I’m headed out to Bourke for a wake this weekend. It’s to celebrate someone I consider an old friend – Henry Lawson. I’ve walked in the poet’s steps for four decades all across the Western plains, so I feel it’s right to go back to remember him.
Professor John Barnes came on one of our Poets Treks and it rekindled his long-term interest in Henry. He wrote later, “It is no exaggeration to say that his one and only stay in what he and other Australians called the ‘Out Back’ was crucial to his development as a prose writer. Without the months that he spent in the northwest of New South Wales, it is unlikely that he would ever have achieved the legendary status that he did as an interpreter of ‘the real Australia’.”
The scene is a small house set between the sea and the Australian bush. Picture a lone man wrestling in prayer between tall, white gumtrees in the moonlight. It’s 1953 and the country is just beginning to recover from the battering of war. The forty-two-year-old Methodist minister’s name is Alan Walker and he’s full of fear at setting out on a nation-wide mission. His convict ancestor had arrived in Botany Bay in 1810 and 20 years later, through the preaching of a travelling Methodist, his alcoholic son John decided to follow Jesus and began preaching in the Windsor district with powerful effect.
And now his great-great grandson Alan - the thirteenth evangelist from that line – is praying for strength. A sudden rustling of the gum leaves in the night-wind made his spirit soar. A vivid image of Jesus challenging Rabbi Nicodemus to allow the wind of the Holy Spirit to flow through his life, gave the shrinking preacher the courage he needed to undertake the preaching ministry to his native country, half a world away from Israel.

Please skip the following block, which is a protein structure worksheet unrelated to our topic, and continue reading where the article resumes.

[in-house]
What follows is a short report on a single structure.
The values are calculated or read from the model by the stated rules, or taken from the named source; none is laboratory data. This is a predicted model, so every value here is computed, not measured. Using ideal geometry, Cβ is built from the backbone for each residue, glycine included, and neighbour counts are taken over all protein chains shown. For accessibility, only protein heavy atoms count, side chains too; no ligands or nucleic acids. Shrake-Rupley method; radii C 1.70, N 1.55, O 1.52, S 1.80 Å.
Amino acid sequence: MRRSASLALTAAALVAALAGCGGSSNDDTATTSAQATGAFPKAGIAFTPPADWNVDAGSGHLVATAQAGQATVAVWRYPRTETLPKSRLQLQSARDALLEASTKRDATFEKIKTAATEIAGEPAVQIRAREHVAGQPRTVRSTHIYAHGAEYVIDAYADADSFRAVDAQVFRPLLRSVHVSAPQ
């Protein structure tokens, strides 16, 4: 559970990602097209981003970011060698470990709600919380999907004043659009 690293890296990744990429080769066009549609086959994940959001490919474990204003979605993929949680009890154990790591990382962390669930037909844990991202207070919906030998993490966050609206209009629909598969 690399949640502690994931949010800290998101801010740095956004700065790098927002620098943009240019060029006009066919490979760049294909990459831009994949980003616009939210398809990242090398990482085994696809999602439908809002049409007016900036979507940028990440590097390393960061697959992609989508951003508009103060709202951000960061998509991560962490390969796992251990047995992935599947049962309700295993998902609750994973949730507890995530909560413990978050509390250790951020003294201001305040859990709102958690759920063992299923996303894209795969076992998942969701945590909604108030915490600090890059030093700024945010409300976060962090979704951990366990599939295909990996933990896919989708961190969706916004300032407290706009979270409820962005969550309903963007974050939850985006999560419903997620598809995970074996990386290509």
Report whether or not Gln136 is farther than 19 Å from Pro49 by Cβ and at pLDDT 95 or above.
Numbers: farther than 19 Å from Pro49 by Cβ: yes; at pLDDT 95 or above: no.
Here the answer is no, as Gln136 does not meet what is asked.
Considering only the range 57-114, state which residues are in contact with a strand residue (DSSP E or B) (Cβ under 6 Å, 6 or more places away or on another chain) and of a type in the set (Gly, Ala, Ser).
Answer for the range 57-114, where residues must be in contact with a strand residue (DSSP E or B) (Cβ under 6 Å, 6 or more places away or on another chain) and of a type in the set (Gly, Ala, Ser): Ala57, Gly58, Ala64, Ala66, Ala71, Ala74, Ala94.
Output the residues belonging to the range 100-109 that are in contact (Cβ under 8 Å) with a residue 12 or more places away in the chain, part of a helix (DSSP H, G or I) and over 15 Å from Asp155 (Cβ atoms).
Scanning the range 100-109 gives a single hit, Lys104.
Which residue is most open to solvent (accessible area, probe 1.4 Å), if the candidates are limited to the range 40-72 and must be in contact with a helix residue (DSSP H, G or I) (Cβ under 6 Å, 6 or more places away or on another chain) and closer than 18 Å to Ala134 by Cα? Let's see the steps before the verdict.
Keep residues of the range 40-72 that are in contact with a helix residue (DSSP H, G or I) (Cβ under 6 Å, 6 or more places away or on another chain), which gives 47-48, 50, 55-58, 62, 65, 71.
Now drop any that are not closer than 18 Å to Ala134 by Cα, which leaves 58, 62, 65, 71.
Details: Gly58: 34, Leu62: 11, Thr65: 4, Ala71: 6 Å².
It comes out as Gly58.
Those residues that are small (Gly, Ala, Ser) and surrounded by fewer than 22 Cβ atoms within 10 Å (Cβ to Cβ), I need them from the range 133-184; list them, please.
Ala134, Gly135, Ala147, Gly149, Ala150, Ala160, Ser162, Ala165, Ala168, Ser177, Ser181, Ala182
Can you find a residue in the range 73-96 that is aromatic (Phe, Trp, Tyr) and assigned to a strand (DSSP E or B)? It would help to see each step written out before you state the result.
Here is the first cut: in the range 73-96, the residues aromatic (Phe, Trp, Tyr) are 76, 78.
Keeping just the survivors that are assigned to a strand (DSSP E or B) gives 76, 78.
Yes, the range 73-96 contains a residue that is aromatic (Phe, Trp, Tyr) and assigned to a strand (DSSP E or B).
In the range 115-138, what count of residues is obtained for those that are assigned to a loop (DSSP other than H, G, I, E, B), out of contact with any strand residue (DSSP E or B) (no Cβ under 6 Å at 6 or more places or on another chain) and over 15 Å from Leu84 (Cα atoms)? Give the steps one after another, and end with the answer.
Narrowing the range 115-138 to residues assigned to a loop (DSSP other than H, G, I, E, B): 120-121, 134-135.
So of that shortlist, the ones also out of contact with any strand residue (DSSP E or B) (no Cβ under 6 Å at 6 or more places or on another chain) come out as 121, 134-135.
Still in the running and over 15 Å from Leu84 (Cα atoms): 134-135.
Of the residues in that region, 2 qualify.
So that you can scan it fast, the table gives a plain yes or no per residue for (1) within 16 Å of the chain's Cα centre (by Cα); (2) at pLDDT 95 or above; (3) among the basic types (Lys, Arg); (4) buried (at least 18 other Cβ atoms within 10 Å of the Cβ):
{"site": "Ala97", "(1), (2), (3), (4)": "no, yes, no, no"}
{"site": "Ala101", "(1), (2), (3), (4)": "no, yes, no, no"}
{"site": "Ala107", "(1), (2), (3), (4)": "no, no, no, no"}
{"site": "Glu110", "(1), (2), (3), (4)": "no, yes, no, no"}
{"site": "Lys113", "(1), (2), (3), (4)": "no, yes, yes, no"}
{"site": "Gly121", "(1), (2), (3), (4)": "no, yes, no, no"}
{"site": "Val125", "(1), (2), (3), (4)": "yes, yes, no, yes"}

His preaching had a powerful effect – just as his great-great grandfather John Walker’s had in Windsor 150 years previously. Decades later, Labor parliamentarian Bill Hayden dubbed Alan Walker, ‘The Conscience of the Nation.’ Others called him ‘Mr Methodist.’ What did that mean?
A few rotting timbers are all that remain of a shipyard where the three-masted barque Royal Tar was built from local timber in 1873. I stumbled across the story walking along the Nambucca River in Northern NSW and the name rang a bell with me. It called back to mind a strange tale about an idealistic union man called William Lane recruiting bush workers in Bourke to join him in creating a Utopian settlement - in Paraguay of all places!
And here I was standing on the birthplace of the same Royal Tar that carried this Australian ‘Moses’ 10,000 km across the Pacific and round Cape Horn to build a ‘new Australia’.
Join The Outback Historian, Paul Roe, on an unforgettable journey into Australia's Past as he follows the footprints of the Master Storyteller and uncovers unknown treasures of the nation.